Don’t Get Mad, Get Even

Here is a nice thought about walking off anger. It’s a poem by Rosemerry at A Hundred Falling Veils blog. The title is “I’m Not Saying We Shouldn’t Be Angry.”

I’m not saying we shouldn’t be angry.
Anger seems reasonable. But perhaps
we will do what I’ve heard the Inuit do—
spend the emotion on walking, walk a line
until all the anger has left our bodies.

There is truth to that. Physical exertion does help an individual to release stress. There are biological reasons one could give, if one wanted to be scientific about it. But the advice stands alone and can be verified in one’s experience. Maybe that relates to a main problem with the internet, too much inactivity. For reasons of mental and physical health, people should get up once in a while to physically move around, which probably is a good prevention for the buildup of anxiousness and frustration that can lead to bad moods.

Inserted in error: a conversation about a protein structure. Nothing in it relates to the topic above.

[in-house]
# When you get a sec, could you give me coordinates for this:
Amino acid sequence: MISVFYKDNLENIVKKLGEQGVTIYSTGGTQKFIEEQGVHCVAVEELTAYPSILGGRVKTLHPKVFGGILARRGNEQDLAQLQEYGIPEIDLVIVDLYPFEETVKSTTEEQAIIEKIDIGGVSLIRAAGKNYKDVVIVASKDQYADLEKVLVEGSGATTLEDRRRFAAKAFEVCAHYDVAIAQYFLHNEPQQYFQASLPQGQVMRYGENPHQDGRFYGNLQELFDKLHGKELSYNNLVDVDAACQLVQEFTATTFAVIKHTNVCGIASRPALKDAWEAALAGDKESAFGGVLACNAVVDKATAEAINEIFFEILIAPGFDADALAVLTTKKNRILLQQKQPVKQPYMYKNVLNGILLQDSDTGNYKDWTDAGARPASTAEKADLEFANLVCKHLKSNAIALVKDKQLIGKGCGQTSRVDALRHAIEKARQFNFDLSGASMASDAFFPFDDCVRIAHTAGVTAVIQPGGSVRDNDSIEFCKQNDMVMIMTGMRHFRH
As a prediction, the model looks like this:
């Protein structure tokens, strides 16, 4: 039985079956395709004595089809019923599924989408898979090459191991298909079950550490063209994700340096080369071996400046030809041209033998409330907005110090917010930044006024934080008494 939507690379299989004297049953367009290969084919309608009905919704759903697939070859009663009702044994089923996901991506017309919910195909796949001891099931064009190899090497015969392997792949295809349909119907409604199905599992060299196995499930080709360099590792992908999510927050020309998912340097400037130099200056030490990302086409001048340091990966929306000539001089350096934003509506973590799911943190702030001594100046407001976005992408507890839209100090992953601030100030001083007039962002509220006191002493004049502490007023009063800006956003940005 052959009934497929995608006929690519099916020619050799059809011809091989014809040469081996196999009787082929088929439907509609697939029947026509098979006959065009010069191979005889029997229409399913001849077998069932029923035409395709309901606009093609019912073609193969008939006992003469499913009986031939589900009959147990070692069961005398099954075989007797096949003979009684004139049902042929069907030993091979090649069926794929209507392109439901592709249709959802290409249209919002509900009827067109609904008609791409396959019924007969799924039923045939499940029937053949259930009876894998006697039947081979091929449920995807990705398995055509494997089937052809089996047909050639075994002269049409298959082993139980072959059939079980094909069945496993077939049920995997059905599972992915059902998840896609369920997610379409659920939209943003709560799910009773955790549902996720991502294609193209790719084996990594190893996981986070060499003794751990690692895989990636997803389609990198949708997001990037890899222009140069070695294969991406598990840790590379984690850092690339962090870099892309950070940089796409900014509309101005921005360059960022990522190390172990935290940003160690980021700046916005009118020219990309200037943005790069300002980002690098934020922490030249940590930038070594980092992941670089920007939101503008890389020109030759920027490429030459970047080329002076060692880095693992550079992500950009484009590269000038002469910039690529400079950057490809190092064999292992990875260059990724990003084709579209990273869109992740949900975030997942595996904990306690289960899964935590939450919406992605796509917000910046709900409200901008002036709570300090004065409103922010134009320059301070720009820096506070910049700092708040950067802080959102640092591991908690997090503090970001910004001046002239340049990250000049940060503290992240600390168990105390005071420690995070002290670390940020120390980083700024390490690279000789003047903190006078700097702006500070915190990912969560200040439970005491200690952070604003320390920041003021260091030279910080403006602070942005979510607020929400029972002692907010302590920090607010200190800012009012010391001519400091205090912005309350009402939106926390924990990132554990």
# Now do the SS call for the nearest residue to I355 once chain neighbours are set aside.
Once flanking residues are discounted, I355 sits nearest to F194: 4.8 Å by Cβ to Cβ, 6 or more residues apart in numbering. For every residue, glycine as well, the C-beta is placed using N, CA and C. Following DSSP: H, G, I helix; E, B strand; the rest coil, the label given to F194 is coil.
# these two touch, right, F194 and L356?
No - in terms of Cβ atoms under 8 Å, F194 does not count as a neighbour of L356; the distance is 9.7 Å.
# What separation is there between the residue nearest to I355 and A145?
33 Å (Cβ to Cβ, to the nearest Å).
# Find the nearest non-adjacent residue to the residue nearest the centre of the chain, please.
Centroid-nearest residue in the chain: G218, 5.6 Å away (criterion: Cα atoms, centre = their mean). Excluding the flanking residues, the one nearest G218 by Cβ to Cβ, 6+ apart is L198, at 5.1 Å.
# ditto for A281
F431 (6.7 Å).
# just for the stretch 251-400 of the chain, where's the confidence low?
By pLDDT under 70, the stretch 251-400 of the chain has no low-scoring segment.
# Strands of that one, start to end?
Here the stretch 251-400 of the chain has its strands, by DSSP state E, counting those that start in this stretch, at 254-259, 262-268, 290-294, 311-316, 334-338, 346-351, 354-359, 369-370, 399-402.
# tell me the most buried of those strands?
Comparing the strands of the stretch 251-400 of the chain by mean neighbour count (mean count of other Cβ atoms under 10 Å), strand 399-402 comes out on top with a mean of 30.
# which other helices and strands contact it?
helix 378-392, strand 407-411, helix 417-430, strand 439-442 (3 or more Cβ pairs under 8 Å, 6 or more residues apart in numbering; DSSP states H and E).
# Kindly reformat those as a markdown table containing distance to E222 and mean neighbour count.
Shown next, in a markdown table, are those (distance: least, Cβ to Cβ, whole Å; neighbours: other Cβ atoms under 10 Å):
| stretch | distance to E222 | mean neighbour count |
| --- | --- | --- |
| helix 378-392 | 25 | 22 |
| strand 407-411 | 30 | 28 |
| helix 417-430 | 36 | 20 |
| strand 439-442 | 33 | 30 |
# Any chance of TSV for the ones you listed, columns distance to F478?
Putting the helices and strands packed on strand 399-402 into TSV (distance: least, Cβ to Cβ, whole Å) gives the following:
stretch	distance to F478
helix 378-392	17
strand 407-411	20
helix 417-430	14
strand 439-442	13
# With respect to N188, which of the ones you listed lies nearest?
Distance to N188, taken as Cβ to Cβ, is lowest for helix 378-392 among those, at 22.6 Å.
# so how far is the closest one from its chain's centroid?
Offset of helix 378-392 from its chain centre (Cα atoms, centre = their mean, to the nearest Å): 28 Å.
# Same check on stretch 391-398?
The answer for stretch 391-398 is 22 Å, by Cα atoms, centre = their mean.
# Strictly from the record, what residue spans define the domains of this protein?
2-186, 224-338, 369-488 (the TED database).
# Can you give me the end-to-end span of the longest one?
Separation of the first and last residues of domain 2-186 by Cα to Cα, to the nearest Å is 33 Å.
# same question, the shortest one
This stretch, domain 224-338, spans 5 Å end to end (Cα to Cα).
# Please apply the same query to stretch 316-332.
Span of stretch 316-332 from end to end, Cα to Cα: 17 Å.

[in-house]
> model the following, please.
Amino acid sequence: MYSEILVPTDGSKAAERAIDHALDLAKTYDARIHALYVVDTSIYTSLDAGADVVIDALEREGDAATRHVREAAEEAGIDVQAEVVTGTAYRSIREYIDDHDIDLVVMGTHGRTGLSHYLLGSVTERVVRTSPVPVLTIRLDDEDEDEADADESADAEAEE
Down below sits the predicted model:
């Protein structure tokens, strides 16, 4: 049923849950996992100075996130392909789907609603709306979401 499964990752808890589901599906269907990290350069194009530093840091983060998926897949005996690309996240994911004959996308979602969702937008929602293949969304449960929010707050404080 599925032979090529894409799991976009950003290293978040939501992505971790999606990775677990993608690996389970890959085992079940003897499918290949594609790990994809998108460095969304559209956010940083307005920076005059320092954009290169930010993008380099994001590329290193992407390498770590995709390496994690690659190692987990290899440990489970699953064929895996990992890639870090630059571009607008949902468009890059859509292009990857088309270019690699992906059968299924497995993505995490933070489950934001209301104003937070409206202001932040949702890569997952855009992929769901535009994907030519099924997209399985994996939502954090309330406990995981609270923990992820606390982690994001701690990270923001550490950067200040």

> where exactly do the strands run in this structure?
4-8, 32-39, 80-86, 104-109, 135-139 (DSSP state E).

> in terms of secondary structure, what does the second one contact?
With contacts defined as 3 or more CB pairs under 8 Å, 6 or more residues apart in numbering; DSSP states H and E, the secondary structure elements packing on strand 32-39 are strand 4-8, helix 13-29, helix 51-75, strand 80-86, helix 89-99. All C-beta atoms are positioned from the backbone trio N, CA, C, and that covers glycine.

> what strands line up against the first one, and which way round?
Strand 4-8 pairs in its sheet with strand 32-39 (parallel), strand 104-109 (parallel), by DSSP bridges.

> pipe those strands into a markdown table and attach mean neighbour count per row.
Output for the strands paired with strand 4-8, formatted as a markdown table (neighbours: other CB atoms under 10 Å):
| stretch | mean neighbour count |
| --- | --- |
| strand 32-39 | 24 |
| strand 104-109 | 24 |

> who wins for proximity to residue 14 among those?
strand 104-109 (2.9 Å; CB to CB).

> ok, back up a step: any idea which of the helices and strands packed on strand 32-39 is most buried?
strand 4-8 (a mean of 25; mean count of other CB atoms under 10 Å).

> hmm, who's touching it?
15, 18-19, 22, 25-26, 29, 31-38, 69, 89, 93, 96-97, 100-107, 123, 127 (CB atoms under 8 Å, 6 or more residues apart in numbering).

I’m a curious person, though. The anthropological angle interests me for its own sake. I was wondering about the source that is the basis of the poem. I came across two references to it. In Overlay, Lucy R. Lippard writes that, An Eskimo custom offers an angry person release by walking the emotion out of his or her system in a straight line across the landscape; the point at which the anger is conquered is marked with a stick, bearing witness to the strength or length of the rage.” And here is something from the UAB Department of Anthropology“When conflicts do arise, people often express their feelings with hints. Anger occasionally erupts, but when it does the angry person simply walks away. The community may ostracize people who develop a tendency to anger, though that would be done subtly, with the people doing the ostracizing acting more nurturing and warmer than ever.”